Guide to the Business School Capstone Project - Types & Examples
An MBA capstone project is the final step in many MBA programs. It’s here that MBA students put all that they’ve learned into practice by analyzing a meaningful and strategic business question. Often, this involves hands-on work within an existing company, but not always: MBA capstone projects can take the form of startup business plans and business simulations, too.
No matter their format or focus, each capstone project is likely to be the most intensive, and possibly the most rewarding, feature of an MBA candidate’s journey.
A capstone project is not the same as a thesis project, although they do share some qualities. Thesis projects are focused on theory and research, and based on the type of situations one would face in academia. Often taking the form of a large research paper, thesis projects can last the entire final year of an academic program, and some students may even begin before that, with the ultimate goal of contributing new knowledge to the canon of business research.
MBA capstone projects, by contrast, are more practical and similar to situations one would face in the business world. Here, students work in teams to answer strategic business questions. MBA capstones are hands-on immersions with real-world consequences, and they can have a major impact on an MBA graduate’s program experience, as well as their career.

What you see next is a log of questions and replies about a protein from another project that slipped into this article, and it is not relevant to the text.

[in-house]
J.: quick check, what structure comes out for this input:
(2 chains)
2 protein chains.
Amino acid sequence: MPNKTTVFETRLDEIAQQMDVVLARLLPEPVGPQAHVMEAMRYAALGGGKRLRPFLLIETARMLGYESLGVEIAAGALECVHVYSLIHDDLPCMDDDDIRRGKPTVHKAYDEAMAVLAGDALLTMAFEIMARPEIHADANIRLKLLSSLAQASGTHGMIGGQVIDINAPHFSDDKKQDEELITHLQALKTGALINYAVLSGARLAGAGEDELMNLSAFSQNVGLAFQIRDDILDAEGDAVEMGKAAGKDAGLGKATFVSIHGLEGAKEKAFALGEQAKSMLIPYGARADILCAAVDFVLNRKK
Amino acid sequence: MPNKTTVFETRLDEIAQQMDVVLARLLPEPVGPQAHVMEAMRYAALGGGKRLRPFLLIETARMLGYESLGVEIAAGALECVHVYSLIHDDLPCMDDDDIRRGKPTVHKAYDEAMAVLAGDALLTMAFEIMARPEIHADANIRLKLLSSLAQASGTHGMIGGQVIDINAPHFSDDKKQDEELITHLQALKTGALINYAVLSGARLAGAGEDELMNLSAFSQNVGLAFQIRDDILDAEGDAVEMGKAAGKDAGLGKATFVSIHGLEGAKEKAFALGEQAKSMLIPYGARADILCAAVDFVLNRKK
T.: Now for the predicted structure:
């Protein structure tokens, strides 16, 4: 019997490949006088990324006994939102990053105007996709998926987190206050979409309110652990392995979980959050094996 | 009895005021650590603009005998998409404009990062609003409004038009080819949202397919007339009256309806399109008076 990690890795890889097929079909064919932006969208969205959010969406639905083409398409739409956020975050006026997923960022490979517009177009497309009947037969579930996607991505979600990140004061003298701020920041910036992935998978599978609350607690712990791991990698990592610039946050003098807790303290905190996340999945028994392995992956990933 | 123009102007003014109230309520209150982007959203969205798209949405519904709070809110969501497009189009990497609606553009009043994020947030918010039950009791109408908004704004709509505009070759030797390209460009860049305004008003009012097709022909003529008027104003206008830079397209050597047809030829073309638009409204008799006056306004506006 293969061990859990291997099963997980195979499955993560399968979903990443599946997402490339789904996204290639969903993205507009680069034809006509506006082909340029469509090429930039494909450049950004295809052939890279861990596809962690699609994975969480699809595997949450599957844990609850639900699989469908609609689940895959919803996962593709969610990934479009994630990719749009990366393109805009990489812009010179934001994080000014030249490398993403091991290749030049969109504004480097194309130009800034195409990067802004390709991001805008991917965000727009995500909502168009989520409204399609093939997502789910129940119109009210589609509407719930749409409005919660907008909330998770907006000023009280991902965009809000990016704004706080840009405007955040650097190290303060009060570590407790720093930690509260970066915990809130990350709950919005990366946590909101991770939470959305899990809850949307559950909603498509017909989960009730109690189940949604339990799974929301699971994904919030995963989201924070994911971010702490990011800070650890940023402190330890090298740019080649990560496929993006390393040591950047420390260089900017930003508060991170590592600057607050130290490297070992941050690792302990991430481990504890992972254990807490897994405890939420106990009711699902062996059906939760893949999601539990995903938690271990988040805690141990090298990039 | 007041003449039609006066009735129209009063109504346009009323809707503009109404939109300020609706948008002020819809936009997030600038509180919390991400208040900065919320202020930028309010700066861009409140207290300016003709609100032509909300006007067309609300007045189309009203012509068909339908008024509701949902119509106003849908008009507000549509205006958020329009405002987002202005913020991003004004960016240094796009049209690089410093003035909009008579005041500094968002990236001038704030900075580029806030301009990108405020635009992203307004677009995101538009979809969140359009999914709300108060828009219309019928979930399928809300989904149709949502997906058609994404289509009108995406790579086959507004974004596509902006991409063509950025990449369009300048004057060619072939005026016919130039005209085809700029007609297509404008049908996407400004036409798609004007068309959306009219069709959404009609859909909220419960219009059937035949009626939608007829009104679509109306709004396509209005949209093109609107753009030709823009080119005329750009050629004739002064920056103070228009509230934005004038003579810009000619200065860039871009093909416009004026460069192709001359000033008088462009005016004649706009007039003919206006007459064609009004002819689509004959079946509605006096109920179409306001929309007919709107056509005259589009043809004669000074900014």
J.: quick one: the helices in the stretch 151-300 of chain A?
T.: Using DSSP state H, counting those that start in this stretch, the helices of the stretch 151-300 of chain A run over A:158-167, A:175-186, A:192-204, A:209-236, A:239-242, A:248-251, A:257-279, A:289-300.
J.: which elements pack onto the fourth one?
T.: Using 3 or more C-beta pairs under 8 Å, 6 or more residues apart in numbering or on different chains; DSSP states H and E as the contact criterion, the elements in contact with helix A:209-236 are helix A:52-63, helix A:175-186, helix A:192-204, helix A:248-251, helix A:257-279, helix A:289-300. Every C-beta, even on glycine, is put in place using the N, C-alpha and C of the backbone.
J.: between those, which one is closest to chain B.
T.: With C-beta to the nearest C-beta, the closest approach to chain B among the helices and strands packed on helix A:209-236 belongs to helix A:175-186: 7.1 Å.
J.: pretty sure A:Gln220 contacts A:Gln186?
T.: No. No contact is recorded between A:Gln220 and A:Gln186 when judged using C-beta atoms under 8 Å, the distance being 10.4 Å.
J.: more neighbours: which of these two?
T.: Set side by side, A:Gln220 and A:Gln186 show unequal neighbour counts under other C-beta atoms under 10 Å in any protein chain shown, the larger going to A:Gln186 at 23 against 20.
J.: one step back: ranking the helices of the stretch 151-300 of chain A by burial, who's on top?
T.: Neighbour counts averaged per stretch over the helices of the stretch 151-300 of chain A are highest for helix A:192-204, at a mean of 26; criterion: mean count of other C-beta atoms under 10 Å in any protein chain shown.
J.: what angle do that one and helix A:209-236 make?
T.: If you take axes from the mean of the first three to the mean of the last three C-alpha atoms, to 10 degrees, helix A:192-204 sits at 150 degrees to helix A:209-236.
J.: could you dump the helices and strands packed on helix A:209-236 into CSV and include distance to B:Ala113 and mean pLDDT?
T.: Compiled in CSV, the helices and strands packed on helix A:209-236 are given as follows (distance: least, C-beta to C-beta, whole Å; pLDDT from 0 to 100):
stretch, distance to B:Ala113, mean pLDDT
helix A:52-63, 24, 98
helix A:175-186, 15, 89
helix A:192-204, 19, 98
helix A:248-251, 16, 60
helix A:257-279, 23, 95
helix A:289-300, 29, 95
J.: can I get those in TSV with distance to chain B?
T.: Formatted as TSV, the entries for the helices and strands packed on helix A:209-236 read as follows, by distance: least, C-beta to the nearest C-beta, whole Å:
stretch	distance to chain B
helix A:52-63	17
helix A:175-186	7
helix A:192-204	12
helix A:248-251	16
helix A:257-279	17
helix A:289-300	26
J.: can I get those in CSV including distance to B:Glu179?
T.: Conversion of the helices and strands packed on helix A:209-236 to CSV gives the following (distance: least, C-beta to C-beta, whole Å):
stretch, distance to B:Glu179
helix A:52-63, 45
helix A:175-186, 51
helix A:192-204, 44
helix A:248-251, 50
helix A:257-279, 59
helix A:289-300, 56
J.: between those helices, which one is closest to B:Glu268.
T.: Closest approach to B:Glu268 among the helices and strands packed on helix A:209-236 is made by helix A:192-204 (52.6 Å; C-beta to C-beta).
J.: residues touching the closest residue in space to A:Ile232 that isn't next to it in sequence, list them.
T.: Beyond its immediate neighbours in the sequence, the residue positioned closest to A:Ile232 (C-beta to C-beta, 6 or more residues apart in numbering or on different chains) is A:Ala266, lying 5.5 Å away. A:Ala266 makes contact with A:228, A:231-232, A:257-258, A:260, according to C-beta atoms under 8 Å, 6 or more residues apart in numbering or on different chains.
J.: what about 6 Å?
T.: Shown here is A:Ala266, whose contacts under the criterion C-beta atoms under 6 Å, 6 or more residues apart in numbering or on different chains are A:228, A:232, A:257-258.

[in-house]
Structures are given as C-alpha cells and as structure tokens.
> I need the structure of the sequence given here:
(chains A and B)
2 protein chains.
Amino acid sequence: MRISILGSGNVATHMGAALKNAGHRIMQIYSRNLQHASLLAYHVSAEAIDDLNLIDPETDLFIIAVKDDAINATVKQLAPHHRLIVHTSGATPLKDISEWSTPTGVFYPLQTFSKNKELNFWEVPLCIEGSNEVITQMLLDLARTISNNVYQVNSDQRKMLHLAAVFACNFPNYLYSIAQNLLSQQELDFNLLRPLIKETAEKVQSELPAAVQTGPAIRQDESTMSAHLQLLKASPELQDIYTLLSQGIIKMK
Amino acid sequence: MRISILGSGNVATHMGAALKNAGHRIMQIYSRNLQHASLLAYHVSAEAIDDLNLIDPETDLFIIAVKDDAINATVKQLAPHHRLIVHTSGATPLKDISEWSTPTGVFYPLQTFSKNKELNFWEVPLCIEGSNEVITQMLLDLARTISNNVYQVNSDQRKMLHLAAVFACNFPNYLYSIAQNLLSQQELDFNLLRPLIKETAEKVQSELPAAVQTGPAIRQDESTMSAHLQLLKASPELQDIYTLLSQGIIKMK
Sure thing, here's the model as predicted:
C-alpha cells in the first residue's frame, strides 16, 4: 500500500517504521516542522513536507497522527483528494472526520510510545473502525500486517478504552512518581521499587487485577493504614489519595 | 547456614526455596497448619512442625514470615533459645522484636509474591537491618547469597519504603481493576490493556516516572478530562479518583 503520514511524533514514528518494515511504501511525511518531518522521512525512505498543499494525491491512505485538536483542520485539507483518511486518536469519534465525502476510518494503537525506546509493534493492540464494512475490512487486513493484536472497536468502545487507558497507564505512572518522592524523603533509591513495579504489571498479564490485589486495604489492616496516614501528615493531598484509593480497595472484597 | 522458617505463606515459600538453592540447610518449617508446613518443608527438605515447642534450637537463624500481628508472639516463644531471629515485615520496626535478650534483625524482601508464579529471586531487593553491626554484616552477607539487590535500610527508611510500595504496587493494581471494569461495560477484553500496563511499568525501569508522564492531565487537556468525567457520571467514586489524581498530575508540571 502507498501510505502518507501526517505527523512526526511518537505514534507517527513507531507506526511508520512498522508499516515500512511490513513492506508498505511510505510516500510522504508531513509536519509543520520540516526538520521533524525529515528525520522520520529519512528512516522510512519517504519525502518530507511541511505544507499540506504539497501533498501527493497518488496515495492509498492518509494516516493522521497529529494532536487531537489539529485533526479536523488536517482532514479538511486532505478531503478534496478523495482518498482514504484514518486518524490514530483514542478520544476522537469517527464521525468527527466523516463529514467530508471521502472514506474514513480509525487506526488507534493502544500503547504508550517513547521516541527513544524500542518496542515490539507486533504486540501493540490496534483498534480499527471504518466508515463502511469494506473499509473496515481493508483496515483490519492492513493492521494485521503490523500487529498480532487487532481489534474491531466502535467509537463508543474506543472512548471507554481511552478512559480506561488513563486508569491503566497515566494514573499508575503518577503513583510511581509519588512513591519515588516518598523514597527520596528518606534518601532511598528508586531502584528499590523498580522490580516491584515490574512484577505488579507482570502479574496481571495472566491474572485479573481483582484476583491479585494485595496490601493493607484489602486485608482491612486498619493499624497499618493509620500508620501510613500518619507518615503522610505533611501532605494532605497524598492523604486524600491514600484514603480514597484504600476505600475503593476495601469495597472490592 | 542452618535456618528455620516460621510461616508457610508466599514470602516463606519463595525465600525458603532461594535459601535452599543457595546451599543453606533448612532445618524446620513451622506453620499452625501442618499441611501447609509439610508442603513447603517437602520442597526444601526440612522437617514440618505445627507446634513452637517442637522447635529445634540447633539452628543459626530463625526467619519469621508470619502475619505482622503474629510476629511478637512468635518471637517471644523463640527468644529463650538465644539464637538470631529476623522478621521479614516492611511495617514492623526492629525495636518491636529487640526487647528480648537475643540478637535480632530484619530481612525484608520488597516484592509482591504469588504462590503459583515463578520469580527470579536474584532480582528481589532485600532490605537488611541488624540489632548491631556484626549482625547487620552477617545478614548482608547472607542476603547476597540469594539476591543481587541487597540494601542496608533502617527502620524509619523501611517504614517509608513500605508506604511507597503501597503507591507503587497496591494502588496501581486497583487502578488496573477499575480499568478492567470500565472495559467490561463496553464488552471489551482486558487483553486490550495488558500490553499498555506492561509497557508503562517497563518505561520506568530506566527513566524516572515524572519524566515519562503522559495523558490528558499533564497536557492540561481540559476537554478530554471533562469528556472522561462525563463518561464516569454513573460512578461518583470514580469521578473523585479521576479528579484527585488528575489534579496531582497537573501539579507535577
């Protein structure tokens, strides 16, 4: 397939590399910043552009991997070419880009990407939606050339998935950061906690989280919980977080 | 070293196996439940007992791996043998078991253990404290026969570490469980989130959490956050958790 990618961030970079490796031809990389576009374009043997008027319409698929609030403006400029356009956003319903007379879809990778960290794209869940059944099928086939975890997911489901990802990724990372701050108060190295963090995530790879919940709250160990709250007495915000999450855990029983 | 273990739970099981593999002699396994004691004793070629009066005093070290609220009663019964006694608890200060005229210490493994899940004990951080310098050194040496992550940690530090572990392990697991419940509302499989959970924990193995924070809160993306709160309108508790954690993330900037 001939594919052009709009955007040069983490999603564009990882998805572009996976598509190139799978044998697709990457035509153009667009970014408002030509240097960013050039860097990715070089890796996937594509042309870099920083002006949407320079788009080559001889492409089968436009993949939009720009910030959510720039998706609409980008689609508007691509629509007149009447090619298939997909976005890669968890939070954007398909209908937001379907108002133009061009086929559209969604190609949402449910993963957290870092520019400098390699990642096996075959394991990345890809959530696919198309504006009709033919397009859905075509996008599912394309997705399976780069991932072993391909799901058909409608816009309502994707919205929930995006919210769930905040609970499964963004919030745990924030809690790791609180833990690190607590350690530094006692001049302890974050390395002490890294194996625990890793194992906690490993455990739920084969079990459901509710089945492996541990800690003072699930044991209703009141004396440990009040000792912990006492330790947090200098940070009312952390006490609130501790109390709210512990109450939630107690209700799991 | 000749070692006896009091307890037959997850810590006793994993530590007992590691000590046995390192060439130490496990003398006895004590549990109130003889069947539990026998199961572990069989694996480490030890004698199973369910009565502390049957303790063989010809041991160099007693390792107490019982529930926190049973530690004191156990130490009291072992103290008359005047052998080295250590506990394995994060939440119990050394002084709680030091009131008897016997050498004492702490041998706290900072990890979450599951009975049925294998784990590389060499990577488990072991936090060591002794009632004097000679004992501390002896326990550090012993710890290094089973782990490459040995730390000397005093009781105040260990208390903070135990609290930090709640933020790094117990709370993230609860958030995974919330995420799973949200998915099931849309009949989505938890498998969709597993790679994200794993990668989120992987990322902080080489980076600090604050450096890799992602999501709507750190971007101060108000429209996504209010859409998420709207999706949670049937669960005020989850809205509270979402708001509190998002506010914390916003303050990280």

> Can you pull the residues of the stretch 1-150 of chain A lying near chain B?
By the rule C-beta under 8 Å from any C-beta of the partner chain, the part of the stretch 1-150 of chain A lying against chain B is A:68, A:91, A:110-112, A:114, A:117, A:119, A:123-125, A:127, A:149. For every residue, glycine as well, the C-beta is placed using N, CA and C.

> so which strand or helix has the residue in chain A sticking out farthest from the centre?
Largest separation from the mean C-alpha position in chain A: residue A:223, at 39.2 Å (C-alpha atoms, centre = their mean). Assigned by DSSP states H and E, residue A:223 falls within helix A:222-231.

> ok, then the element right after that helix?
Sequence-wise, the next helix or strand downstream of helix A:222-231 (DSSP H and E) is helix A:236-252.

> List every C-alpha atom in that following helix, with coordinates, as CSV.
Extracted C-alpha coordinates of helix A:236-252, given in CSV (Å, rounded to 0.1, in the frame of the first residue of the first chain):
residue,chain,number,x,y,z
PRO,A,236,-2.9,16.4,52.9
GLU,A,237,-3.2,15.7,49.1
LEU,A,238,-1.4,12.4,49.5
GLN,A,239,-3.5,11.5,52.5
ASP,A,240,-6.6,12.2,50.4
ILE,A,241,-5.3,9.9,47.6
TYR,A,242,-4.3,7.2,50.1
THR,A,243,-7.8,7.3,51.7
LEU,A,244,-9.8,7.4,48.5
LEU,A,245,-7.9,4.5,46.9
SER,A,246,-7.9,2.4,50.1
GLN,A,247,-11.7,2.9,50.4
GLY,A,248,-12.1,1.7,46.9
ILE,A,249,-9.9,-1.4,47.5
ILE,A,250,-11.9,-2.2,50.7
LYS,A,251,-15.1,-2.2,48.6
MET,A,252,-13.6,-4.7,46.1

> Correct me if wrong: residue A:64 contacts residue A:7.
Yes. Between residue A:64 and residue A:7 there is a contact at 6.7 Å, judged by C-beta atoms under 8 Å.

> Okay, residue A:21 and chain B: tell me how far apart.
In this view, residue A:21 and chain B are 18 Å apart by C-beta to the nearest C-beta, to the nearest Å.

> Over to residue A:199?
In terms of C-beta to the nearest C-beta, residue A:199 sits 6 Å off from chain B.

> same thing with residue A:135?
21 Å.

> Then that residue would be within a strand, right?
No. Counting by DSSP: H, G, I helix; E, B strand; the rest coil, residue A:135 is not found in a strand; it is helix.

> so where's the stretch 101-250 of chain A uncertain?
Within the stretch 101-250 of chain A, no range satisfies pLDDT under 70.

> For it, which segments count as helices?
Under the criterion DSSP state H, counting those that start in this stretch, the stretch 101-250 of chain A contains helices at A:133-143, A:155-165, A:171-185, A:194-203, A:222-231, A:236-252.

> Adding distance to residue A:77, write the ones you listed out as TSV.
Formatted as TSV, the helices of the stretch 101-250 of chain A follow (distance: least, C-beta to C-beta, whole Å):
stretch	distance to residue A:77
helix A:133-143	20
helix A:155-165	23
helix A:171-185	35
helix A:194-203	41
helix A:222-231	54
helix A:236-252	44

To see some examples of MBA capstone projects, and to get a walkthrough of the general process, read on.
Stages of an MBA Capstone Project
Most MBA capstone projects take place during a program’s final year and can last anywhere from four weeks to a full semester. They often include some form of instruction (whether through prerequisite courses or scheduled advising) along with practical application.
While MBA capstone programs will vary in format from program to program, they generally include the following stages:
- Topic Selection
- Preliminary Research
- Project Execution
- Written Report
- Final Presentation
It’s not necessarily over after the final presentation, either: some capstone projects carry over beyond the MBA program, leading to successful startup businesses, offers of employment, or investment opportunities.